Profiles in Giving
A TUSM scholarship fund honors a mother’s spirit
John Eliopoulos, A89P, A91P, is used to commotion, having grown up in a house jam-packed with his siblings—all 12 of them. When he entered the bustling corridors of New England Medical Center (now Tufts Medical Center) more than 50 years ago, he was more than ready to begin his surgery residency. The busy environment almost felt like home.
Flourishing through his residency and a 40-year career in general and vascular surgery, Eliopoulos had plenty of role models. His maternal grandfather had been a well-known primary care physician back in Greece, and his uncle was a cardiologist in New York City. But he cites his mother, Adiamandia, as his true inspiration. At 16 she immigrated to the U.S. from Greece, married shortly after, and planted roots in Lowell, Mass., where she raised her 13 children.
After retiring from medicine, Eliopoulos wanted a way both to honor his devoted mother and to make medical education possible for others. His son, Steven Eliopoulos, A89, had an idea: Make a gift to Tufts University School of Medicine in her name. Steven and his brother, Michael Eliopoulos, A91, had earned bachelor’s degrees on the Hill, but neither they nor their father—nor anyone else in their family—had ever studied at the School of Medicine. (John Eliopoulos holds his degree from the Yale School of Medicine.) It was an unusual idea, for sure.
“My wife and I had just established a fund for undergraduate physics research at Tufts,” says Steven. “My dad caught wind of this and started talking about establishing a fund, too. He thought about giving to Yale, but some of his memorable and formative years as a physician were spent during his training at New England Medical Center.”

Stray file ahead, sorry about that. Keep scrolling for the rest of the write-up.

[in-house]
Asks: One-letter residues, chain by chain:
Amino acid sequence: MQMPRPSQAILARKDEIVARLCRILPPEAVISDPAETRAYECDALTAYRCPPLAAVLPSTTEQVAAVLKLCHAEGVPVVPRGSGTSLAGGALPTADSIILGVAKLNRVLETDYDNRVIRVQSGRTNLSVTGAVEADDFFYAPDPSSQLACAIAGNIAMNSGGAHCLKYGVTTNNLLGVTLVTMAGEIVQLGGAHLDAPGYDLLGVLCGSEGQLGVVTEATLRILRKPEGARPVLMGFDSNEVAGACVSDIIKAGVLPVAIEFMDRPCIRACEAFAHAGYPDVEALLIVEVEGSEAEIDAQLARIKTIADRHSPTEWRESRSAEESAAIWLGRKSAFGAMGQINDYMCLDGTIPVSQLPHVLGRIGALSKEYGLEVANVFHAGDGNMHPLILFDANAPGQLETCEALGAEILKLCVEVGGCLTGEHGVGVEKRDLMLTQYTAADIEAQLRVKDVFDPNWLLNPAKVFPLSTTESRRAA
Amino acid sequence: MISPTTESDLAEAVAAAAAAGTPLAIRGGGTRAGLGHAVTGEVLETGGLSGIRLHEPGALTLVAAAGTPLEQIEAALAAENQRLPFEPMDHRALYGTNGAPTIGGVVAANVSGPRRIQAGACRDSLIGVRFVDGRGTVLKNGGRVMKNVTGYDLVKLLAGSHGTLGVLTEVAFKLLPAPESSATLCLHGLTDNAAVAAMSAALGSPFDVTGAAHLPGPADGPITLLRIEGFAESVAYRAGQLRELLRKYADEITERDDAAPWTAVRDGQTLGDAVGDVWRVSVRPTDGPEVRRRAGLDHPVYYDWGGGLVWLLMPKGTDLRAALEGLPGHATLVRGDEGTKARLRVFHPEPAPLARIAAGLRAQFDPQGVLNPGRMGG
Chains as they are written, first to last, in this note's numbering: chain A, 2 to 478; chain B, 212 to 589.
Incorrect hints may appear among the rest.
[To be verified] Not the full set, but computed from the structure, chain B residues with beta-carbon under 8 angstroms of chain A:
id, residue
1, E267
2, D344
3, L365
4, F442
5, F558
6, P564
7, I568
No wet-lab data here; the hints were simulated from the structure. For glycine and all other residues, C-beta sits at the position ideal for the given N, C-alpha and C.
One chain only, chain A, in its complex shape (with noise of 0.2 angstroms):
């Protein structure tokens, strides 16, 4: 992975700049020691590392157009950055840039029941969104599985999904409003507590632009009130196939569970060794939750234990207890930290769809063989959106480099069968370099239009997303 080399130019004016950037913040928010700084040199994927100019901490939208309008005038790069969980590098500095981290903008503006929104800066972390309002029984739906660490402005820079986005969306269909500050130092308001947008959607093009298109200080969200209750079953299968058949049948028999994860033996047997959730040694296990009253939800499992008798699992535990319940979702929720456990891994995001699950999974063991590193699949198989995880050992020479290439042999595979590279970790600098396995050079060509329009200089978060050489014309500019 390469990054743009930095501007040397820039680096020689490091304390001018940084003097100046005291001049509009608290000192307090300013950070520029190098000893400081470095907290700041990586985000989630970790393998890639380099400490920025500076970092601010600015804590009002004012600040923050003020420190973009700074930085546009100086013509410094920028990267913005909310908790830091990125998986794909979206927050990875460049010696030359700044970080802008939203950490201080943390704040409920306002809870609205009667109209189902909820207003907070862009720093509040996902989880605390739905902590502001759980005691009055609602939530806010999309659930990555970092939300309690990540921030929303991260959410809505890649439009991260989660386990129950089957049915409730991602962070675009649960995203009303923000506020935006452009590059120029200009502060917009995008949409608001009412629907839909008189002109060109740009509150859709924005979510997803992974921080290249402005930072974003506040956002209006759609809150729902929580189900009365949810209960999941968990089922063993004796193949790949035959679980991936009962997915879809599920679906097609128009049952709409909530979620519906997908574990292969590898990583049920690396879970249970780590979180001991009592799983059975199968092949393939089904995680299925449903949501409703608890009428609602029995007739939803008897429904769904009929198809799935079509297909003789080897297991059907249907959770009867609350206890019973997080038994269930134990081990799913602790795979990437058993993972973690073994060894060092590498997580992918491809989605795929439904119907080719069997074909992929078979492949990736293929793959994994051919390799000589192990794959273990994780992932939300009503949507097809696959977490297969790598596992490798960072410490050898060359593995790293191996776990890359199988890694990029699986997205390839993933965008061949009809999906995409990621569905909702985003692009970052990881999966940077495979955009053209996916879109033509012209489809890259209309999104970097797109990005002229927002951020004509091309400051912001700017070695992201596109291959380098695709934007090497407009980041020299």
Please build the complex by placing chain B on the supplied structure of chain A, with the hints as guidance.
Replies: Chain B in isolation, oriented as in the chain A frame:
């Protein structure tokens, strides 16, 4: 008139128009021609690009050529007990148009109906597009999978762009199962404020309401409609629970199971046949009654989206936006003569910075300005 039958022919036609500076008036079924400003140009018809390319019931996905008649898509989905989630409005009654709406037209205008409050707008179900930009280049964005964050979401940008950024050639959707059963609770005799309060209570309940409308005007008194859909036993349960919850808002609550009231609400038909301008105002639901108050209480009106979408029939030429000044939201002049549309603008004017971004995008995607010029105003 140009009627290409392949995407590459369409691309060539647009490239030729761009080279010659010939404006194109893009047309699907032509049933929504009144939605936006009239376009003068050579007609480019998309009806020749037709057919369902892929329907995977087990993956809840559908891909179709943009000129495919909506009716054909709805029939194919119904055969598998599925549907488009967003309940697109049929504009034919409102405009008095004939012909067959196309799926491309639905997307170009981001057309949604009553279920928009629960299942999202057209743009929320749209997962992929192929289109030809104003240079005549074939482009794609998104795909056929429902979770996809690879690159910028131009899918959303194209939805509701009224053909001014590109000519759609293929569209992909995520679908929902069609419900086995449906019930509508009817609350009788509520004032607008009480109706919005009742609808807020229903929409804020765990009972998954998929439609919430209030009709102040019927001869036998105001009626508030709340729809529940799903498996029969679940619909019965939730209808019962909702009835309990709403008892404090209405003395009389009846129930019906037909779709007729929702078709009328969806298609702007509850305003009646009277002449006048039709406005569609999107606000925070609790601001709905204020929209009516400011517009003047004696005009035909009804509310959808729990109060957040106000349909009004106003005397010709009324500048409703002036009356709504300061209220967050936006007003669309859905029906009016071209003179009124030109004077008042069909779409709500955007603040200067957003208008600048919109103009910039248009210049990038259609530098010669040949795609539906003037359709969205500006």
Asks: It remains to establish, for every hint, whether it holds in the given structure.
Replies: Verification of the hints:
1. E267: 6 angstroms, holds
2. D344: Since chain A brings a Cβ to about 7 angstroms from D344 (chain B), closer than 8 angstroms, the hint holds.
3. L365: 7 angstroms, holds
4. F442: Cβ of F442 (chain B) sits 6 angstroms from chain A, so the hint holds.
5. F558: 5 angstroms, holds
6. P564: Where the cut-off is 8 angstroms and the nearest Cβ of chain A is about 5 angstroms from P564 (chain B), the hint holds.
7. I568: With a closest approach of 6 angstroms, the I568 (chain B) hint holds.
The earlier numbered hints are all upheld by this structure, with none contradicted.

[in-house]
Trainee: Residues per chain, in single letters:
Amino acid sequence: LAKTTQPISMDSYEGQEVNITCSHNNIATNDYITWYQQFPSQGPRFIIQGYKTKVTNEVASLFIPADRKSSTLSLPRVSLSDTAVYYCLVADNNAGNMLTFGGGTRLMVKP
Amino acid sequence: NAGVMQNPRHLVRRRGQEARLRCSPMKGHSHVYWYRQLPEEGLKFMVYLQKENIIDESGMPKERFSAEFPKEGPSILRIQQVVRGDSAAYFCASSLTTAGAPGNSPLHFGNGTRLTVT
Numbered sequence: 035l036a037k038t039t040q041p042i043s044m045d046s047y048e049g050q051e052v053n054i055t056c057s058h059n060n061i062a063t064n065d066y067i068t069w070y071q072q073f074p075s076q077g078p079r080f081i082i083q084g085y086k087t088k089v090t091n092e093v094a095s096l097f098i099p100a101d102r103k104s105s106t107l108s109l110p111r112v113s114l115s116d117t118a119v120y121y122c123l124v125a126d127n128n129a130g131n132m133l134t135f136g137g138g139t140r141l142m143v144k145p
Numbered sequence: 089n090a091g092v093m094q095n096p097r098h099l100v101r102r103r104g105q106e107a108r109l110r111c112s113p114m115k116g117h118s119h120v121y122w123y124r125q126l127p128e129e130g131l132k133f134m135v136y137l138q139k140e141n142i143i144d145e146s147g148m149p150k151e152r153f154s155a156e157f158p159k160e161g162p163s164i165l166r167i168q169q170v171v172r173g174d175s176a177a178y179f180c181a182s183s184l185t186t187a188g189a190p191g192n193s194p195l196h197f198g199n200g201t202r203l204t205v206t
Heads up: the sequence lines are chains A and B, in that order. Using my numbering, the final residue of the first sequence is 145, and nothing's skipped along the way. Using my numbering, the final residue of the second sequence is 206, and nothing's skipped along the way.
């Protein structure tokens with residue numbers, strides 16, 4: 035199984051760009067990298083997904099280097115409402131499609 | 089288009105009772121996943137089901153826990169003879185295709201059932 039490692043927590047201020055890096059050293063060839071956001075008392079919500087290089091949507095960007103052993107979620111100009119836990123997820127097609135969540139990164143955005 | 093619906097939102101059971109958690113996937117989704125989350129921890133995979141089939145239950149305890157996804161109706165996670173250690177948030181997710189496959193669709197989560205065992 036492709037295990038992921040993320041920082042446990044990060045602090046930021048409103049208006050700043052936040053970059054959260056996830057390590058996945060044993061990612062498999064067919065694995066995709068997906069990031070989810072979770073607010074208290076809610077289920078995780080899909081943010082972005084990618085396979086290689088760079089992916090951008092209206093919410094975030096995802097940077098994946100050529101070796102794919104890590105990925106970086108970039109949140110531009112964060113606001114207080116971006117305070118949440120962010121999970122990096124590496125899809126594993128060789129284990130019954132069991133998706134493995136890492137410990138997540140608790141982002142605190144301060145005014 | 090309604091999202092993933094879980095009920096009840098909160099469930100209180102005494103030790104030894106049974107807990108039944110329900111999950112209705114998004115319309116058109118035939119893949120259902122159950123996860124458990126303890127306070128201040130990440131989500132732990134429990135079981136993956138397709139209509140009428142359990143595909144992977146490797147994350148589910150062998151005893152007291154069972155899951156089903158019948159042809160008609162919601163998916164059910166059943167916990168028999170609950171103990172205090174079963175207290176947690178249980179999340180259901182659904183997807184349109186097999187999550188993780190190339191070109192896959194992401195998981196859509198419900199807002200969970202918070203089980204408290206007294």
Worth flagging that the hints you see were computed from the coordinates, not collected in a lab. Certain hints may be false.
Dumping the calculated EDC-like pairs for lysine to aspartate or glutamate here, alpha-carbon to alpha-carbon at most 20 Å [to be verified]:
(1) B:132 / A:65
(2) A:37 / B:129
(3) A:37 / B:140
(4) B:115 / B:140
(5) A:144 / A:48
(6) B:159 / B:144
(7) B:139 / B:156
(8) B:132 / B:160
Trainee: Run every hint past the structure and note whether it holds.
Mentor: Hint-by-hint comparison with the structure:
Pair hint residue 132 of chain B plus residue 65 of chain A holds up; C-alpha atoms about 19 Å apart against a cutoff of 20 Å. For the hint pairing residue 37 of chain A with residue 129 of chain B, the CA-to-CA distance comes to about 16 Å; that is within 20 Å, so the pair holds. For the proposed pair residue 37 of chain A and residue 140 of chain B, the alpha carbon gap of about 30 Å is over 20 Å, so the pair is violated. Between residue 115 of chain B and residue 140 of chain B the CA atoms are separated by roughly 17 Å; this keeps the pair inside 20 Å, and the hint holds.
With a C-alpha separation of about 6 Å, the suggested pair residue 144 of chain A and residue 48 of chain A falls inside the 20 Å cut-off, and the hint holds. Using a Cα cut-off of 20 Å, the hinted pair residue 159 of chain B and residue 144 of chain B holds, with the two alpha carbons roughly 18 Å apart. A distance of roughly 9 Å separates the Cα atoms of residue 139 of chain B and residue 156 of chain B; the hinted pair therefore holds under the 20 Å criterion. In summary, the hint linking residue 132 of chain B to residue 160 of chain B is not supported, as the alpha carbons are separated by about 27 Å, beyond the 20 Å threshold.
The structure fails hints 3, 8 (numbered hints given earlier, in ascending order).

When Steven told his parents about the current Financial Aid Initiative, which matches qualifying gifts to unrestricted endowed scholarships dollar for dollar, John and his wife, Betty Eliopoulos, were sold. Together with Steven, Michael, and their third son, Peter Eliopoulos, they endowed the Adiamandia L. Eliopoulos Scholarship Fund at Tufts University School of Medicine.
“I know the cost of medical training is extremely expensive now,” John Eliopoulos says. Therefore, he and his family designated the scholarship for fourth-year students, to help defer some of their costs as they prepare for residency.
It will be a fitting tribute to Eliopoulos’s mother, whose name comes from the Greek word for “diamond.” According to him, that’s no coincidence.
“She was a true gem,” he says.